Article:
There is typically one number that people in Mineola associate with drunk driving: .08. That is the blood-alcohol content measurement that is almost universally accepted as defining intoxication. Yet it is not the only number related to BAC that New York drivers need to worry about. Per the New York Department of Motor Vehicles, a BAC or .05 percent is enough to label a driver as being impaired, while a BAC of .18 percent qualifies one to be charged with aggravated DWI.
With all of the talk about blood-alcohol levels, however, a pressing question arises: how is it that a breathalyzer device (which measure one’s breath) is used to determine BAC? The Alcohol Pharmacology Education Partnership offers an explanation of what a person’s breath may say about the alcohol content of their blood.
Ethanol is the exact type of alcohol used in drinks such as:
It is water-soluble, meaning that it can pass through membranes in the body via a process known as passive diffusion. Thus, after being consumed, ethanol moves through the lining of the stomach and small intestines into the bloodstream. It is then carried to the heart, then to the lungs where some of it vaporizes into a gas that accumulates in the alveoli (the lung sac). The gaseous ethanol then is carried out with each breath.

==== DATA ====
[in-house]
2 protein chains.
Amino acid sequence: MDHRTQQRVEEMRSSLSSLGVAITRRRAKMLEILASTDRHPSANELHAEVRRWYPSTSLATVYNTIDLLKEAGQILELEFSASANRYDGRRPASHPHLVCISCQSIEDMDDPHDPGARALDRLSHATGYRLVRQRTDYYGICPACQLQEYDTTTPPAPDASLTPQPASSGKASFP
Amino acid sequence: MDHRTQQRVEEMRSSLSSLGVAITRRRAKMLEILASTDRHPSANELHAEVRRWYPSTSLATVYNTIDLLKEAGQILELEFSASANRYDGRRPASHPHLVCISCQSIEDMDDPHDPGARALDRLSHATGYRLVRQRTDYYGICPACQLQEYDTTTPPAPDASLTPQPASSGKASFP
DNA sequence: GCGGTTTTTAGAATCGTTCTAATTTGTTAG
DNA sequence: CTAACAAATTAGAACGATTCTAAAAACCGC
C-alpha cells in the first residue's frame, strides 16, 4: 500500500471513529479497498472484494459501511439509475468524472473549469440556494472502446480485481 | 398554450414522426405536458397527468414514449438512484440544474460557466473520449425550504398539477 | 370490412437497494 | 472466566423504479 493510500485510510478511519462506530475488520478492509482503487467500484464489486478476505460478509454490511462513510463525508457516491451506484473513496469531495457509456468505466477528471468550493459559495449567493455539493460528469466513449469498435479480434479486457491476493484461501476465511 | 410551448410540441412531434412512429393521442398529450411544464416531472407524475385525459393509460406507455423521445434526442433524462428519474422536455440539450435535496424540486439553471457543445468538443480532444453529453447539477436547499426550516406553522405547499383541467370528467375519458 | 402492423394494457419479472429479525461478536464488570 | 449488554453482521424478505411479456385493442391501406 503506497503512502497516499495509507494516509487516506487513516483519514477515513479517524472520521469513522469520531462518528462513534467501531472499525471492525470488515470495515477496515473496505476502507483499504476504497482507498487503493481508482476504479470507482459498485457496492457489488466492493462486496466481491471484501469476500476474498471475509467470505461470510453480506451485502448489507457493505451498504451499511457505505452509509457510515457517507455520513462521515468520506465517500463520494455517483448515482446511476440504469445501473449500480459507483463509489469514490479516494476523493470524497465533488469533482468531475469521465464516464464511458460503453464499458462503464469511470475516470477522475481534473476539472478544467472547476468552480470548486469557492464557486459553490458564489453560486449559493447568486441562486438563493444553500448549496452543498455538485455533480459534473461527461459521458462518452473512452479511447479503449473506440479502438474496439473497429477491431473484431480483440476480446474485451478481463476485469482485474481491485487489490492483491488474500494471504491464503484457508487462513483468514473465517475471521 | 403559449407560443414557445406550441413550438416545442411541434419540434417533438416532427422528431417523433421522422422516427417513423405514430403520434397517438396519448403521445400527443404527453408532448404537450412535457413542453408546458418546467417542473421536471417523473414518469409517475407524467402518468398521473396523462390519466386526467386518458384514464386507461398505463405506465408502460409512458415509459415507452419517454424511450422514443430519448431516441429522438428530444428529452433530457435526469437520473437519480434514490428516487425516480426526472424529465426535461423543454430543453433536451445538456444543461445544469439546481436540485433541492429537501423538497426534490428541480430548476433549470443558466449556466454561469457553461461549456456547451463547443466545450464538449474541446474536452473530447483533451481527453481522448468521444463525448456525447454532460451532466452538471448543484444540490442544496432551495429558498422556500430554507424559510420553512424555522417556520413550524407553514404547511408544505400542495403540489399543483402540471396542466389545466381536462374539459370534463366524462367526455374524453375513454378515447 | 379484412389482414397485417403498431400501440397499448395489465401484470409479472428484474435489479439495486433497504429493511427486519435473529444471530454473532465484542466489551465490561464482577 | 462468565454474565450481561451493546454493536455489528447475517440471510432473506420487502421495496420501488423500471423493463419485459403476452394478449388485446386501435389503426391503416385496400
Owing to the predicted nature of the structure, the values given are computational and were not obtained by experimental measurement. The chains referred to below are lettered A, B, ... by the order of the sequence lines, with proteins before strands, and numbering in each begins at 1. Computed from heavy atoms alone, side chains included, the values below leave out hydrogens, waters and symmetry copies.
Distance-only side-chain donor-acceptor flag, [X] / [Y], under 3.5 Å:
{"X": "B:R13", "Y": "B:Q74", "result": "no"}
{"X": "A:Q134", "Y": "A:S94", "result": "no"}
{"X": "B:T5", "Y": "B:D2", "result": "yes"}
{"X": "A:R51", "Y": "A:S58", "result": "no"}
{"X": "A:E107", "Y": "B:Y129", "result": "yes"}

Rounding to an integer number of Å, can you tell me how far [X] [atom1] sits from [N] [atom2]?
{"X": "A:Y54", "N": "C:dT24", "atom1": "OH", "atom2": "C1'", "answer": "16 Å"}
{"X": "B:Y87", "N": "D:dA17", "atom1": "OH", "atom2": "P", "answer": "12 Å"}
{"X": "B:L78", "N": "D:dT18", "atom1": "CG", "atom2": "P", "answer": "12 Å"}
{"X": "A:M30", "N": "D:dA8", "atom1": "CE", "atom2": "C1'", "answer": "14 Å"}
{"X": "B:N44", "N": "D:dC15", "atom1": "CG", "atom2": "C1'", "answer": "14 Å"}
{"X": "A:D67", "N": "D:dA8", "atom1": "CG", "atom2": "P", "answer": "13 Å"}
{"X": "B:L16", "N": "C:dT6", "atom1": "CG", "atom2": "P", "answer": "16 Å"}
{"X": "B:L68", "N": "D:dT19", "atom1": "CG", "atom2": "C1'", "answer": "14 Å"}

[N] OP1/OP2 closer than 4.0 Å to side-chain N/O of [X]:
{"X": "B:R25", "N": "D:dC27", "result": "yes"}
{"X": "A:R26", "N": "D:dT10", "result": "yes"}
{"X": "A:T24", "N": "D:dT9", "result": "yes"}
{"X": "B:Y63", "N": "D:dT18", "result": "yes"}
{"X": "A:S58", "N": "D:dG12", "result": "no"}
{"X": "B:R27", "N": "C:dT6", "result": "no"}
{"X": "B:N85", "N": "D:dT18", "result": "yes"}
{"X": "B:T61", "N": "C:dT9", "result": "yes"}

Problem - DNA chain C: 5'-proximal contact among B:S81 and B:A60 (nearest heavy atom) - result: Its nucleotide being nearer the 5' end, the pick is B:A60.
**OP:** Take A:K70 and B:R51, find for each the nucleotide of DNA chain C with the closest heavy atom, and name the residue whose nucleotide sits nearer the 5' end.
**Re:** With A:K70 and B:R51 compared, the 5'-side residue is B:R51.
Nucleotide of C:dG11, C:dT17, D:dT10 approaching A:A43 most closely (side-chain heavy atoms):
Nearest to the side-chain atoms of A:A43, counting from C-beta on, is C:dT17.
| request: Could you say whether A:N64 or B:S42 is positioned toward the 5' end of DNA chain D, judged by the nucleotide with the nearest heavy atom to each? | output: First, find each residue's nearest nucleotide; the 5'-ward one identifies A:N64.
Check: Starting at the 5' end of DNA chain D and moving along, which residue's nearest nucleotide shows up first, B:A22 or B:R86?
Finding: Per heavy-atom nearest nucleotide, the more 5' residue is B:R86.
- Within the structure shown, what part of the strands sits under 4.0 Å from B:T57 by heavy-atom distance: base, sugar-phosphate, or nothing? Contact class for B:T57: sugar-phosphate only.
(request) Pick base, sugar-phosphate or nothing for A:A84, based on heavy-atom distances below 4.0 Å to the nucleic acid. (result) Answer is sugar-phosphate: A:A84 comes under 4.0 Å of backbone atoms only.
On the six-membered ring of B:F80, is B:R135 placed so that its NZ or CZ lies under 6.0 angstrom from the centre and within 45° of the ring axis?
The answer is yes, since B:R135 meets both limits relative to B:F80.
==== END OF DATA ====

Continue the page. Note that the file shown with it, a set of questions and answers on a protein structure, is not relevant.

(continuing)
This process continues, with the remaining ethanol in the blood vaporizing in the lungs at a rate that maintains equilibrium. What this means is that as one breaths, his or her BAC lowers. This dynamic process may contribute to the unreliability of breathalyzer measurements. While they are able to measure BAC, the fact that a person’s BAC is constantly changing with each breath may contribute to a much wider margin of error.